A second project, called Instantaneous Interline Pricing, has revolutionized the way the rail-transport industry works. The old approach to rail shipping was for a shipper to call each railroad along the route to gather pricing information that took into consideration cargo weight, regulatory fees, and loading and unloading logistics. "Often, shippers wouldn't know their cost until after the shipment happened," Campbell says. The railroad industry struck a collaborative agreement to publish all its rates by origin and destination, which Burlington Northern has made available via Web services. Now customers can get sea-to-sea shipment costs across multiple carriers the same way an airline customer can book flights online. "It finally put rails on par with the rest of transportation," Campbell says.
Combined, the two projects have resulted in improved accuracy of shipping reports, a better-organized workforce, more loyal customers generating increased revenue, and significant back-office cost reductions.
Standard Register, which provides marketing materials and form-printing services, ranked 43rd on our list not because it outsourced infrastructure management to Hewlett-Packard and Computer Sciences Corp., though that did help with cost cutting. Rather, Standard Register now can focus on developing products that offer greater value to its customers.
For instance, IT staff developed a digital pen and paper to help customers in form-heavy industries and sales organizations, such as remote medical-service providers, save time and money. The technology includes an ink-writing pen that contains a digital camera and specially patterned paper. The camera reads the pen's strokes and translates the written information to XML data, which can be communicated wirelessly to a hosted application service provider using secure PDAs or Bluetooth technology. Done manually, the form-processing procedure took up to 24 hours, slowing down tasks such as orders and billing. "This has the ability to transform the supply chain of our customers, and we're seeing a lot of play in large distributed organizations," Standard Register's VP and CTO, Joe Morgan, says.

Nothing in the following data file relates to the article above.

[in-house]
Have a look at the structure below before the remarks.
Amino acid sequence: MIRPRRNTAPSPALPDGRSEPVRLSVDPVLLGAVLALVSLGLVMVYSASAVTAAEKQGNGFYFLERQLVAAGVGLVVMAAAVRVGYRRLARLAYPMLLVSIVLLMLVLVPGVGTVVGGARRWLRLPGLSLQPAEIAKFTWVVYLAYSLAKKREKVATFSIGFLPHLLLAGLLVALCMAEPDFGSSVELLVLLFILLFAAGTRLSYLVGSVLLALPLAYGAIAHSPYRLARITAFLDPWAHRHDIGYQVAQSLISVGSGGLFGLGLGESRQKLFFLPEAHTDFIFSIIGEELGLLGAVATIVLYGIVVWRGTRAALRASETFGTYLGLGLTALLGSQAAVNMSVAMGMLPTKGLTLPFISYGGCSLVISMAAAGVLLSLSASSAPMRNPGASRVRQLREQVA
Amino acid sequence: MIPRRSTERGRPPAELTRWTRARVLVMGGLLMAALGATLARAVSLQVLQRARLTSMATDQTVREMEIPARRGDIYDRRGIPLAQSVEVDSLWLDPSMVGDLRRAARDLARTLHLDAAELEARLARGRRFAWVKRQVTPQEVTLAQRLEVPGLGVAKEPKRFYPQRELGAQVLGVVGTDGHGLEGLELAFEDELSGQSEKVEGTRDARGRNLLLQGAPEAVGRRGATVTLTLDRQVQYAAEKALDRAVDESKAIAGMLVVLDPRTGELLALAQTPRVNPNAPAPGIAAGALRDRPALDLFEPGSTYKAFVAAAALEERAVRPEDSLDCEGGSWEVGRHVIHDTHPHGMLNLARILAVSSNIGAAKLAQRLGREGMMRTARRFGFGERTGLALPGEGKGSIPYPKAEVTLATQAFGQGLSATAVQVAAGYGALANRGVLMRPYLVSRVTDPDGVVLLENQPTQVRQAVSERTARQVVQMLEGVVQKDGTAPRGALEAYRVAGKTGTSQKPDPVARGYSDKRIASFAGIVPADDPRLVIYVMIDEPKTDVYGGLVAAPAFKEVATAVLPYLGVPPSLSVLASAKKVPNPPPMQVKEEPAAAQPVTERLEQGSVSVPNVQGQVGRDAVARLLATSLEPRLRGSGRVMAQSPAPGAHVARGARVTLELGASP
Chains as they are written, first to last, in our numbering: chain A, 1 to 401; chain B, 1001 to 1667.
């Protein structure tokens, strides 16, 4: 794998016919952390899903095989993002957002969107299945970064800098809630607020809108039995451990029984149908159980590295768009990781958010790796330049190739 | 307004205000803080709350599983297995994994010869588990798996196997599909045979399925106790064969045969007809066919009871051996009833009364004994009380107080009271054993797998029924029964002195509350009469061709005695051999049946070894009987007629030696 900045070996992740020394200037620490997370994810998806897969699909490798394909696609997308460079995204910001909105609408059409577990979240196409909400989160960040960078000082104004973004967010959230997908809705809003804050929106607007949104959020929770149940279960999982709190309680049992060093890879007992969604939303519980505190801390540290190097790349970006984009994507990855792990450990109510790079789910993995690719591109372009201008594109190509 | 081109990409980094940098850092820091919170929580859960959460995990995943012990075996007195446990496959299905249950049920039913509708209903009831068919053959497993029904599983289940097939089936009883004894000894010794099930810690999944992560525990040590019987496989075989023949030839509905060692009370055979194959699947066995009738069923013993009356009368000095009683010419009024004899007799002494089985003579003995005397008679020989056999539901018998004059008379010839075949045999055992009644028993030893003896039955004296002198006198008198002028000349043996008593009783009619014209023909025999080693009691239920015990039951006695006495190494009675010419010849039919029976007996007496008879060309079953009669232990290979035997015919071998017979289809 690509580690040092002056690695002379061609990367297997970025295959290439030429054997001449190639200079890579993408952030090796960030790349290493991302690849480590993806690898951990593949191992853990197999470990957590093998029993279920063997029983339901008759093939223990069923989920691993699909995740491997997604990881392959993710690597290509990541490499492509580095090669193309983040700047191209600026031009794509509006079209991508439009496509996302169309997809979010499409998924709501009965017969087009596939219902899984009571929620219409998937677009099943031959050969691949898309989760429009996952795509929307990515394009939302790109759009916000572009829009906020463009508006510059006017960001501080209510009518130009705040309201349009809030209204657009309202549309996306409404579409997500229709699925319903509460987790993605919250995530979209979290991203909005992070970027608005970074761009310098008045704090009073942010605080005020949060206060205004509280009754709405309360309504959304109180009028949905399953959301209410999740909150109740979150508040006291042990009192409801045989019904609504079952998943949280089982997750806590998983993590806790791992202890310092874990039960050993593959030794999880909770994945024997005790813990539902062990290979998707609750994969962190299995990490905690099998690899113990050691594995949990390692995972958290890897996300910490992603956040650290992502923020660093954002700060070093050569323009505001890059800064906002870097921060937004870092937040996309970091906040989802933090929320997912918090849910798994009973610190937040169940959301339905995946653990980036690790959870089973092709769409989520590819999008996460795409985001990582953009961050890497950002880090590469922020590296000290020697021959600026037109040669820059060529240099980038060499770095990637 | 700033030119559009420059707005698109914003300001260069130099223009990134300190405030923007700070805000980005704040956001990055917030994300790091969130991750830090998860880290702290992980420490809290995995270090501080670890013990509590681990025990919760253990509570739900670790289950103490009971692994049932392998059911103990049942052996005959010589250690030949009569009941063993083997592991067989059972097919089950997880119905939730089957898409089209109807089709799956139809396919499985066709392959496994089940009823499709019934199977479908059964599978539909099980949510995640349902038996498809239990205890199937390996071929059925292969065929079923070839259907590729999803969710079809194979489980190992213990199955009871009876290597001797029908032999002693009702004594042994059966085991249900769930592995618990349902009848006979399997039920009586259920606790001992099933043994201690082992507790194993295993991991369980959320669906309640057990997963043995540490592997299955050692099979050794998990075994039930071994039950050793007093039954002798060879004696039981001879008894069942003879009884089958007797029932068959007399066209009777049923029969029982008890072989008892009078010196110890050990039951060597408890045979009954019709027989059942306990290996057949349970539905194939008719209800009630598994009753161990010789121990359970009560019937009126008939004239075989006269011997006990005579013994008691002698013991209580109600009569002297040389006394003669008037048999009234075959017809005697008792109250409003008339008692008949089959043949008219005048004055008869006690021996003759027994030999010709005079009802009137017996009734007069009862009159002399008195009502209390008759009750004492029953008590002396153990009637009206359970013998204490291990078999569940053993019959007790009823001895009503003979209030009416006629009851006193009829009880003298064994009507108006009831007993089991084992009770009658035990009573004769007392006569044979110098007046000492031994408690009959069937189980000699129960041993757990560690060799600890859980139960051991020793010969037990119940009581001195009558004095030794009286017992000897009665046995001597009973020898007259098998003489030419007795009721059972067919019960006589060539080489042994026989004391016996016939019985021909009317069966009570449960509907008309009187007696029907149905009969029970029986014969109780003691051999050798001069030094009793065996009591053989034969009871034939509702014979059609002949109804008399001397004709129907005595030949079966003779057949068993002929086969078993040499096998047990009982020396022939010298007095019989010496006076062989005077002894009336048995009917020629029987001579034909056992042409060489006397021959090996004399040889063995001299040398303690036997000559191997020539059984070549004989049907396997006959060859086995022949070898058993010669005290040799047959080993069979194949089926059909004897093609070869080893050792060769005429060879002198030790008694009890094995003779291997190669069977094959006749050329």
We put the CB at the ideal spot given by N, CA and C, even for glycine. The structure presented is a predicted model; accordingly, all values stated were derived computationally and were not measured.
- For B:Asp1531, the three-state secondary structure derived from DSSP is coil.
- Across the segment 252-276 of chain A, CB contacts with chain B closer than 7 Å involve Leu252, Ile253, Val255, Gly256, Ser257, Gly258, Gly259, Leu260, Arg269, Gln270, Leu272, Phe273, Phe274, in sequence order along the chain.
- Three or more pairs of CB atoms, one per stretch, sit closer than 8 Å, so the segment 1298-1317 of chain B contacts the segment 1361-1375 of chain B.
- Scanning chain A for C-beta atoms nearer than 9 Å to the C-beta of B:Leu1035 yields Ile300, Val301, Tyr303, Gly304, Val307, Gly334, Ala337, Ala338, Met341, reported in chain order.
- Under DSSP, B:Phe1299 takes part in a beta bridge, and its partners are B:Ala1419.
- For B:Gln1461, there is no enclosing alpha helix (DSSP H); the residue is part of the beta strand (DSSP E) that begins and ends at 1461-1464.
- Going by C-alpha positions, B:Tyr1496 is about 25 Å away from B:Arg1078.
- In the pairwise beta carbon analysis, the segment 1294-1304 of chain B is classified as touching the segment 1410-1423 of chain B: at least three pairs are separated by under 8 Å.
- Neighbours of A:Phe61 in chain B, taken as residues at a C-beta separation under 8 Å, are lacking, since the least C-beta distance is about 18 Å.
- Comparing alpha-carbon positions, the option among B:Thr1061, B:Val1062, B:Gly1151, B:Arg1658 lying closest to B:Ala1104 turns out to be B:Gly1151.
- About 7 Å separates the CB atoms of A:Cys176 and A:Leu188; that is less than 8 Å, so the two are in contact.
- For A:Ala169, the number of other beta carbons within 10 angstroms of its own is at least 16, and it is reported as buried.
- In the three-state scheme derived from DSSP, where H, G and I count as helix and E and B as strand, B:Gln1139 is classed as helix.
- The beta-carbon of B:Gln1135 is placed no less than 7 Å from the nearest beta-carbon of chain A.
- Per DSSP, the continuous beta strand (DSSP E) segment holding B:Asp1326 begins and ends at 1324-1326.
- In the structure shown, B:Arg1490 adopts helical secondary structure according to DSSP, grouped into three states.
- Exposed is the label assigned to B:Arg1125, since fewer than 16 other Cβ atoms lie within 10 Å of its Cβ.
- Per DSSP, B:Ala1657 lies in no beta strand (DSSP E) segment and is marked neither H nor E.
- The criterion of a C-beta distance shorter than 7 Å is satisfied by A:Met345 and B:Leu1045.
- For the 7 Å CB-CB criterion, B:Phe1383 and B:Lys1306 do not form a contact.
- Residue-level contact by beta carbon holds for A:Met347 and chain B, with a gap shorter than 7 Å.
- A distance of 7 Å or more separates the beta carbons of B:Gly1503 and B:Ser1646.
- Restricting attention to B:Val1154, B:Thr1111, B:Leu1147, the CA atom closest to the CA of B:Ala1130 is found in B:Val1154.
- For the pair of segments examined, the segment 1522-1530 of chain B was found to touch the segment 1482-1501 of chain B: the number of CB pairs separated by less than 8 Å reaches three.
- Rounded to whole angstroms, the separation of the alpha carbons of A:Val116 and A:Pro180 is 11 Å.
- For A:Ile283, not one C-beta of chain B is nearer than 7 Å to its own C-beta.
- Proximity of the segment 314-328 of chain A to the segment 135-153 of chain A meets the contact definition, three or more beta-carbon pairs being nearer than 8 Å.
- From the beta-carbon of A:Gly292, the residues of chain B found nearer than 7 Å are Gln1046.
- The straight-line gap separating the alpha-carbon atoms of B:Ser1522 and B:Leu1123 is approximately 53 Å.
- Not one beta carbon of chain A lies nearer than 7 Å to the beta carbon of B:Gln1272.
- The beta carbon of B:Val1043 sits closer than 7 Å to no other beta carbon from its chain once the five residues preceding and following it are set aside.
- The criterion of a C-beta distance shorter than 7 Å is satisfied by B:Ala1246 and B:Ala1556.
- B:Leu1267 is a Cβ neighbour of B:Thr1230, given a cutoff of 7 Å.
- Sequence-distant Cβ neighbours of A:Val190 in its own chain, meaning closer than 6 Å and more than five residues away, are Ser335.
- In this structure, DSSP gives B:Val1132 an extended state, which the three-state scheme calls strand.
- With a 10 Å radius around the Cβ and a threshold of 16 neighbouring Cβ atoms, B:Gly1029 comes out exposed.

Changing the way Mellon Financial Corp. deals with customers is a top priority for its IT staff. The financial-services firm, ranked 40th, embarked on a front-office reengineering initiative not only to improve customer satisfaction but also to increase the efficiency of its customer-facing employees. "The front office is the point where the highest cost of resources lies and where the face of the company is seen," CIO Kevin Shearan says.
The firm has spent the last 18 months implementing an Onyx Software Corp. sales-force-automation and CRM system to optimize how employees work. The rollout was deployed across business units where its effectiveness could be seen at each phase of the project. "I don't have an appetite for long-term projects where I have to wait until the end to get the returns," Shearan says. "Each phase needed to show value after the first six months, and each delivery had a business value in and of itself."
Top companies apply performance metrics and standards to assess their business-technology projects. Eight in 10 of our top 100 companies use a balanced-scorecard approach to measuring performance, 64% use the Information Technology Infrastructure Library, half follow ISO 9000x practices, and 43% apply Six Sigma thinking. In all cases, those percentages are higher than among the remaining InformationWeek 500 companies. Since implementing a balanced-scorecard approach in 2001, consulting firm Accenture (ranked 36th) has cut IT spending in half as a percentage of revenue, and its focus on operational excellence has cut by half the cost per user, says CIO Frank Modruson.
As businesses look forward to next year, there will certainly be more opportunities for efficiency, transformation, and customer service. After all, business-technology advantage isn't a tenured position. But these 500 companies are setting the standard today.